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Dawn of the Nugget INBTWN Dawn of the Nugget INBTWN

Netflix will release Aardman Animations’ Chicken Run: Dawn of the Nugget this week, so we asked INBTWN Animation, Cartoon Brew’s exclusive online event partner, to speak with the film’s director Sam Fell.

Fell is an accomplished and Oscar-nominated filmmaker whose directorial credits include Flushed Away, ParaNorman, and The Tale of Despereaux. During his sit down with INBTWN, we egged him on to talk about where his love for animation comes from, how he started working with Aardman, and adopting vegetarianism during the production of Dawn of the Nugget.

Starting in Animation

Asked why he got into animation, Fell recalled, “I fell in love with animation quite a long time ago, and then a number of times. I fell in love with it as I was growing up in the 1970s in the U.K. There was some amazing stop-motion animation, especially on tv.”

Fell taught himself the art of stop-motion by making experimental films in the basement. “I remember it clearly,” he said. “I did a three-minute reel 16mm film in my basement with a couple of lights, just making things move and transforming things and moving the camera as well. I got the film back, and I was just smitten with the magic of stuff coming to life.”

After showing some of his work to the bosses at Aardman, he began working at the studio in the early 1990s.

Why Stop Motion?

Fell says he’s agnostic when it comes to animation styles but that there is something timeless and magic about stop motion. That said, he also admits the technique does require more patience than other approaches to the medium.

“Each film is an arduous thing, and you’re always back to square one at the end,” he explained. “It’s taken me 20 years to make four films. But I think they stand the test of time, and there is something in them that still delights me.”

Landing Dawn of the Nugget

Several years ago, Fell was at an event celebrating British animation at 10 Downing Street, the residence and offices of the British prime minister. Aardman co-founder Peter Lord approached him there and asked if he’d be interested in directing another film for the studio.

Fell agreed and later visited the Bristol-based studio to see what projects Aardman was mulling over. He says the chickens caught his eye. “They had lots of good projects, but there’s Chicken Run sitting there and sort of luring me in,” he recalled.

The prospect of making a sequel to Aardman’s biggest-ever box office hit was frightening at first, but Fell says that was part of the allure. “If I’m daunted by something, I’m more attracted to it, I think.”

Bigger and Better

It’s been more than two decades since the first Chicken Run film hit theaters, and Fell knew that if he was going to make a sequel now, he had to expand on what the first film accomplished.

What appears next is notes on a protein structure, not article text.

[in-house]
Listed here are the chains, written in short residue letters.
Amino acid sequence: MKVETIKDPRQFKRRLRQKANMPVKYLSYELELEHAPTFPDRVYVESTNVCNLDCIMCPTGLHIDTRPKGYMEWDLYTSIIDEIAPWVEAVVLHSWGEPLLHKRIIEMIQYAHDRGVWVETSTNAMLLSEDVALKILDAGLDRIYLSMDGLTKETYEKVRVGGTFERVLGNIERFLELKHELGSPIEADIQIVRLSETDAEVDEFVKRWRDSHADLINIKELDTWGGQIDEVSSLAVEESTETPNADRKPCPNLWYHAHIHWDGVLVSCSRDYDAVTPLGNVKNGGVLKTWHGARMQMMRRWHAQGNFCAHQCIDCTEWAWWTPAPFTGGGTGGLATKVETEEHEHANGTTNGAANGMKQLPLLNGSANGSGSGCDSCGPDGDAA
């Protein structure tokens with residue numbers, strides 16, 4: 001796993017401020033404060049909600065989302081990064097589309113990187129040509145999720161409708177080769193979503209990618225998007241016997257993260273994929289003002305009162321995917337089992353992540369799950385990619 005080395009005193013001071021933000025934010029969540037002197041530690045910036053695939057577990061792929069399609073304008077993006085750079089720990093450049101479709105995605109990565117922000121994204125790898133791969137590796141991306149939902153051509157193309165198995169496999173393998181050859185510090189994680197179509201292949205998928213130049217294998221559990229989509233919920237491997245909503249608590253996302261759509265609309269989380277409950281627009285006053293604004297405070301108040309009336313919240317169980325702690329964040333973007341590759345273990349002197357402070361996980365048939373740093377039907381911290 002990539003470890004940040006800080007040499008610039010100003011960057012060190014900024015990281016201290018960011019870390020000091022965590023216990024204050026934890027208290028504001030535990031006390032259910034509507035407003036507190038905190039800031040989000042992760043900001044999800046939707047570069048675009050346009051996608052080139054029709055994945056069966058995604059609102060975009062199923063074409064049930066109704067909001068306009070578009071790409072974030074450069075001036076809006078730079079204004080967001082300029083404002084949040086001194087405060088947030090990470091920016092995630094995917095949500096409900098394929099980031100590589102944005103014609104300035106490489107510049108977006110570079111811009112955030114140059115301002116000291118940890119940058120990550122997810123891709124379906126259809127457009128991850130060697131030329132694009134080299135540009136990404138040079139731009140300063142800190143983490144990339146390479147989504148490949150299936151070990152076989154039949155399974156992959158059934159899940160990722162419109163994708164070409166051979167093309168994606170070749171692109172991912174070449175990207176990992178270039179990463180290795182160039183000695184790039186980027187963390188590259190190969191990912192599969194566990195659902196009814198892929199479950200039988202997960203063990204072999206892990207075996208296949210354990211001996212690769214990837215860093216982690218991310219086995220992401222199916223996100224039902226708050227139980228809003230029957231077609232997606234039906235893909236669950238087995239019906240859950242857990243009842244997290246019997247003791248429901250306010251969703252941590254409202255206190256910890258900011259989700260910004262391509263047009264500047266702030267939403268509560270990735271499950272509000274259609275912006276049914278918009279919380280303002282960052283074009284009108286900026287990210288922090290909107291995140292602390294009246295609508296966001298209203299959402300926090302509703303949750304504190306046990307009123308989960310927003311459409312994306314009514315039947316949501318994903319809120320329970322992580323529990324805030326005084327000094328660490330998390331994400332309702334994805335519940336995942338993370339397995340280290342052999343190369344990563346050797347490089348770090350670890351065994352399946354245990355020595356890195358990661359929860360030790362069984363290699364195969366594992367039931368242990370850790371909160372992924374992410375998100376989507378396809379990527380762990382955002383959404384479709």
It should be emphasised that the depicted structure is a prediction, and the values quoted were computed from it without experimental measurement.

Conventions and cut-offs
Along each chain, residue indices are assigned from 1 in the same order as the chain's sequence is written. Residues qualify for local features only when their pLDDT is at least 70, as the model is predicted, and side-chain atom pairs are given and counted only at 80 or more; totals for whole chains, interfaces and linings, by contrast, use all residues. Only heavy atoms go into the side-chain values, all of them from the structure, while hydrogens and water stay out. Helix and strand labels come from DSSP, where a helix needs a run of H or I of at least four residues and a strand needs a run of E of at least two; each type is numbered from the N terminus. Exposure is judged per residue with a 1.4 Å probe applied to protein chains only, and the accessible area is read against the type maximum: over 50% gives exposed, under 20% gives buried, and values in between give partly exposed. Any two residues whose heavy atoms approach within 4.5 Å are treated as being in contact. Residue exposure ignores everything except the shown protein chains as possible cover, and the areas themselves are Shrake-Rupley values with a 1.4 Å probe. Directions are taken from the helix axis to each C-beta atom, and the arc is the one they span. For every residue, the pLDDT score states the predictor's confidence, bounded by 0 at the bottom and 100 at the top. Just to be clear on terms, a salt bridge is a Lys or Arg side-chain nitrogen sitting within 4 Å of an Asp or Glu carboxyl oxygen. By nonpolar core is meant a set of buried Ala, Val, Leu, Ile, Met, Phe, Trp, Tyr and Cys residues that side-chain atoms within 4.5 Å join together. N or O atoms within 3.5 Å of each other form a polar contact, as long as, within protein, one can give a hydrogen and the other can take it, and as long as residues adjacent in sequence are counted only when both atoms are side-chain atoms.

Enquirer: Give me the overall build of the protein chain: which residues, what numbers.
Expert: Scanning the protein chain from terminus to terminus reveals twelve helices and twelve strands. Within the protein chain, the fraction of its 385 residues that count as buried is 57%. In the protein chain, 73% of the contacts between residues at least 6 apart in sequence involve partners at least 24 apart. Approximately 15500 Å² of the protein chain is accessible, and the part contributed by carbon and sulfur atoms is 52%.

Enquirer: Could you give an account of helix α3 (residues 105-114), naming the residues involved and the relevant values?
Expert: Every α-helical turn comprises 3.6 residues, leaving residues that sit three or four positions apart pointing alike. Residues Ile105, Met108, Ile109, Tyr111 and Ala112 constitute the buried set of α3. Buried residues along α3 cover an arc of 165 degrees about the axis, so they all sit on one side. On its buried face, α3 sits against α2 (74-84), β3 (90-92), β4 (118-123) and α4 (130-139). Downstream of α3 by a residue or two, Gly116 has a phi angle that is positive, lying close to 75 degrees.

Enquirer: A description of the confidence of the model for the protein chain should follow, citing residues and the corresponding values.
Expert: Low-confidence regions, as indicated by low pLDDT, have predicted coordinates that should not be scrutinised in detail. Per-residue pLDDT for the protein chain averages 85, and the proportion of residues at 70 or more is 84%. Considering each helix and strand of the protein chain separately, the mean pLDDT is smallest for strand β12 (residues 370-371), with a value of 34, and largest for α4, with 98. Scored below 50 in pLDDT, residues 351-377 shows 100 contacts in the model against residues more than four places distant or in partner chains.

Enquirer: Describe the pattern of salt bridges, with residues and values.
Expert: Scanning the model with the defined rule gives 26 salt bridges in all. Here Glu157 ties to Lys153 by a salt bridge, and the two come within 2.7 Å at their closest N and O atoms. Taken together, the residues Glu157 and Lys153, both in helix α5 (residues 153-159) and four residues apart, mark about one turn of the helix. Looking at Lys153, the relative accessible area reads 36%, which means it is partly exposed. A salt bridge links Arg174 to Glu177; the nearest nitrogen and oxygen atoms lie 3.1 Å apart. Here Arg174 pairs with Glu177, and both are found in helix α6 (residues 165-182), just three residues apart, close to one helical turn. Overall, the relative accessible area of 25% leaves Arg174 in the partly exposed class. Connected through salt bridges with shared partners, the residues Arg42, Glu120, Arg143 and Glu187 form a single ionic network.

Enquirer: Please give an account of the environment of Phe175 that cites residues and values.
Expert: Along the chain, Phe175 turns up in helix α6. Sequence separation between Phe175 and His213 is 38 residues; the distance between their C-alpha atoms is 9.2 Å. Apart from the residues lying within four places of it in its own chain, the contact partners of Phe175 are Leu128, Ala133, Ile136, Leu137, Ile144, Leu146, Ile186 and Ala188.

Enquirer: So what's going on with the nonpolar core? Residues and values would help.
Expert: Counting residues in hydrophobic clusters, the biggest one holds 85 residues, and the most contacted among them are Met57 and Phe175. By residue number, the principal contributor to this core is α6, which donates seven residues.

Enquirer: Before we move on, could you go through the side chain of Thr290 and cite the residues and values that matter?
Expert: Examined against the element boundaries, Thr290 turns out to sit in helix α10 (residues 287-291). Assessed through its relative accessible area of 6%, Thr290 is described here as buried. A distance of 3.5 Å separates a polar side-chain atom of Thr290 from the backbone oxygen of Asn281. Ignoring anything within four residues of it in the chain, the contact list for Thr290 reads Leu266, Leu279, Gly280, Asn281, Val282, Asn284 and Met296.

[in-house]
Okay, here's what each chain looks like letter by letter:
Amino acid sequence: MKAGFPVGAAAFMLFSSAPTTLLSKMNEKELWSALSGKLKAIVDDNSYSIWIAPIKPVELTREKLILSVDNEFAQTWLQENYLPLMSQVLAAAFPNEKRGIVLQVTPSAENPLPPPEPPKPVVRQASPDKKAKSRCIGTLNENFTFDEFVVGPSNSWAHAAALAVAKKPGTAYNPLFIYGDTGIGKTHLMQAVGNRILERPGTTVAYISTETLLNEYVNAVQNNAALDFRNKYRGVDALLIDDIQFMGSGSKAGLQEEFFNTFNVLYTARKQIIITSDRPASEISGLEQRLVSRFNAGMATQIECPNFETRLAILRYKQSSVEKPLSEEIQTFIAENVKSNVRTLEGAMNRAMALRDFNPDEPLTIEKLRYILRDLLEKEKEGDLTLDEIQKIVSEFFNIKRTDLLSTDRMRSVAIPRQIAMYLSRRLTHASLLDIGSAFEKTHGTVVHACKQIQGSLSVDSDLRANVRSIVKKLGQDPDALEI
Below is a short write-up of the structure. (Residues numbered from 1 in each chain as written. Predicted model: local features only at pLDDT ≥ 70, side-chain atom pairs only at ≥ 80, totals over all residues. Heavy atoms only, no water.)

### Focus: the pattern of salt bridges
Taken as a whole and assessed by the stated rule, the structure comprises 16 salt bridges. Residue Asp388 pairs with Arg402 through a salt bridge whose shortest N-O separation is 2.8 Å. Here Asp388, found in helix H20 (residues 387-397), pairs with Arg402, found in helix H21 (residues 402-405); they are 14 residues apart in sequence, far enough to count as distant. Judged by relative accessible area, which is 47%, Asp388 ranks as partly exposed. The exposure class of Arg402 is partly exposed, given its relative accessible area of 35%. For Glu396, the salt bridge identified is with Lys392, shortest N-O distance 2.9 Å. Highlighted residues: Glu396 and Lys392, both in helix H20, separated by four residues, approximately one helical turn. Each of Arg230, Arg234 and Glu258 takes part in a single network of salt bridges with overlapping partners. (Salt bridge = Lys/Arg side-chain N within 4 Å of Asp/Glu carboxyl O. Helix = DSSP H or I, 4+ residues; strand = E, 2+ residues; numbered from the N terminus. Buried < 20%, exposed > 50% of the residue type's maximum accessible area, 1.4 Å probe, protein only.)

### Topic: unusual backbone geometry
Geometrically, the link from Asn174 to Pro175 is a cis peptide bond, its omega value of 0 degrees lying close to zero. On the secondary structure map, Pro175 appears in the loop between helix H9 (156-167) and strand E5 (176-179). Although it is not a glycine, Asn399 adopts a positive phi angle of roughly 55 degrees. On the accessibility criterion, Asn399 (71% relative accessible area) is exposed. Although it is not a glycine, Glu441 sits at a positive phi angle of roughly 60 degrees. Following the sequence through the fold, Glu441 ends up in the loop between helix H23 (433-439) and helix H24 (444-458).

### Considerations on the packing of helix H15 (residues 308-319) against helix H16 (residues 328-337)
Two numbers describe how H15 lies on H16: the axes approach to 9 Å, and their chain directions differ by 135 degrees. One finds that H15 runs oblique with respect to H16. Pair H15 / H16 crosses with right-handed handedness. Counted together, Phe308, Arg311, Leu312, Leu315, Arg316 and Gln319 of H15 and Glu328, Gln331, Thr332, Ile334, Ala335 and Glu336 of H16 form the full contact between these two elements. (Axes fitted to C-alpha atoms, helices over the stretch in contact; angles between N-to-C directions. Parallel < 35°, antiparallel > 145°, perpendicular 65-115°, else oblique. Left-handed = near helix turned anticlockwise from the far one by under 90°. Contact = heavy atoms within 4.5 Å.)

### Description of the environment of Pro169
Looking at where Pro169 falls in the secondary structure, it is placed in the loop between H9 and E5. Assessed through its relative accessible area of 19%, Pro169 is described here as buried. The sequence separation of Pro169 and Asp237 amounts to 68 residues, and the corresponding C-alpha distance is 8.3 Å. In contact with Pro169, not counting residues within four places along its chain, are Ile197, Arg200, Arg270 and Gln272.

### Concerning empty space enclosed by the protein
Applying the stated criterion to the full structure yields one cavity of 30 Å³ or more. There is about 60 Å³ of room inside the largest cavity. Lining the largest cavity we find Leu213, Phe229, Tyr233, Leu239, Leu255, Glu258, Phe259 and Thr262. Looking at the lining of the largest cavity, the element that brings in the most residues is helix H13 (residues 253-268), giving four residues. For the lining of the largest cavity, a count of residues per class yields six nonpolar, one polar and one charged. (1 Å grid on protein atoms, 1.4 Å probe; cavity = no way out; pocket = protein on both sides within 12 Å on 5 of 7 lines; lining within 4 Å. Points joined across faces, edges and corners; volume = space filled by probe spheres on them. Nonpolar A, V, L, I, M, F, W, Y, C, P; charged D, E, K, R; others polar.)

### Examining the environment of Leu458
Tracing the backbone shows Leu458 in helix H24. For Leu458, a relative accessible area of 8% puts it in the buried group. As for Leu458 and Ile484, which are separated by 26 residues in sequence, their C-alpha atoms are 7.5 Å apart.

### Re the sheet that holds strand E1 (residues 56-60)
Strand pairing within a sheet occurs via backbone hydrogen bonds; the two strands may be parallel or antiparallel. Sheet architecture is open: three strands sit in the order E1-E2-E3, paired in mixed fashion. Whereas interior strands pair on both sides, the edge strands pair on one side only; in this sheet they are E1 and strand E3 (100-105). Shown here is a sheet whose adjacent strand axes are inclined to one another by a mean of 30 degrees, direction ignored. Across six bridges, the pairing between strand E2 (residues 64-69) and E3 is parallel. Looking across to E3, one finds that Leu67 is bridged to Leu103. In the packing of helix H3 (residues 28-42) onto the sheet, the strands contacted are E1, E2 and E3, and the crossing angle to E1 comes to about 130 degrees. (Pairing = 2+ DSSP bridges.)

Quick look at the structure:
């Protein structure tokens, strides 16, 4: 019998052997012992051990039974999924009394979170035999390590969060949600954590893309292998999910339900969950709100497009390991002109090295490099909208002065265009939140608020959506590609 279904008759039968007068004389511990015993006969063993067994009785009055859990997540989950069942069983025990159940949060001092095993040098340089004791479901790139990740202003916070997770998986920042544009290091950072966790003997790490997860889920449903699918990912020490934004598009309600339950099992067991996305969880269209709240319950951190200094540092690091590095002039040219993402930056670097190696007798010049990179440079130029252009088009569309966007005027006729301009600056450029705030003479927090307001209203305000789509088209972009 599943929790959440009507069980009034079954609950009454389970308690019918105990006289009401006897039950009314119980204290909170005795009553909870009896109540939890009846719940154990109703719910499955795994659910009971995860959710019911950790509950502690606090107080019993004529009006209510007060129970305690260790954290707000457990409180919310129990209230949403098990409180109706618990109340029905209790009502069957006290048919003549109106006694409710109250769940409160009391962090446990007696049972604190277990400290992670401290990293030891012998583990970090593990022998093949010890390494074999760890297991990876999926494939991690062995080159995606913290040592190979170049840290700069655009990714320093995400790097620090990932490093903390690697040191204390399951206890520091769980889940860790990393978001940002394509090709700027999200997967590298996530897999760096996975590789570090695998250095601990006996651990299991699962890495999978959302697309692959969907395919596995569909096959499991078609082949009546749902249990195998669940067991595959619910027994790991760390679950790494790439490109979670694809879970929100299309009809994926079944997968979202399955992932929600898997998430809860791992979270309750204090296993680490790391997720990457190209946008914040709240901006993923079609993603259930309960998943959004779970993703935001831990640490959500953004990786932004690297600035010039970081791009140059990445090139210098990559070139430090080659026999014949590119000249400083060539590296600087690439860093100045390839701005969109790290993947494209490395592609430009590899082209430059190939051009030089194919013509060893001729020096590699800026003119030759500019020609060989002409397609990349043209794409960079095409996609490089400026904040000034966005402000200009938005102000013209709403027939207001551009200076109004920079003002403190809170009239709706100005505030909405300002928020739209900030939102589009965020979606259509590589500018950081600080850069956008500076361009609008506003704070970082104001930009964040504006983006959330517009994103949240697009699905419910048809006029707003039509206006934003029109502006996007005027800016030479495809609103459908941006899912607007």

“The bigger and better challenge was all very exciting in the first year or so, talking about it,” he joked. “Then when we finally got into it, it was like, ‘Oh my god, this is really difficult.’ Hats off to the crew because, there was a stage where I was thinking, ‘I don’t know if we can do this.'”

Fell explained that for most shots, two units would be filming simultaneously. One would film things on a human scale and the other on a miniature clay chicken scale. “That drove the production manager crazy, scheduling two teams for every shot.”

Kids Say the Darndest Things

Dawn of the Nugget is a family film, and when asked about creating art that viewers of all ages can enjoy together, Fell was proud to say that there is something really special about making movies for kids.

“Yeah, we’re artists, and we’re dealing with important things and all this, but there’s something about kids that is so important, so amazing,” he said. “I’ve been on the road for about five weeks now, talking about the film and getting audience questions… the best question the other day in Paris came from a little kid. The question was, ‘Why do you have villains in films?’ It was so profound. You go to answer, and… there are so many layers to that question.”

When pressed for an answer, Fell said he was still trying to come up with a suitable one. “I think heroes have to have [villains]; otherwise, they’re not challenged. It’s like a whole yin and yang thing about the whole universe.”

Creating A Legacy

According to Fell, one of the charms of making an animated film is how they often stick with audiences for years and years.

“We wanna make a splash for now. We want everyone to watch it over Christmas. But also, I want people to watch it in 10 years’ time or 20 years’ time,” he explained.

Fell wrapped up the interview with an anecdote about how Dawn of the Nugget will stick with him for years and years.

“I became a vegetarian on this movie,” he said before calling out his colleagues. “But the crew didn’t! They served chicken every Wednesday in the canteen!”

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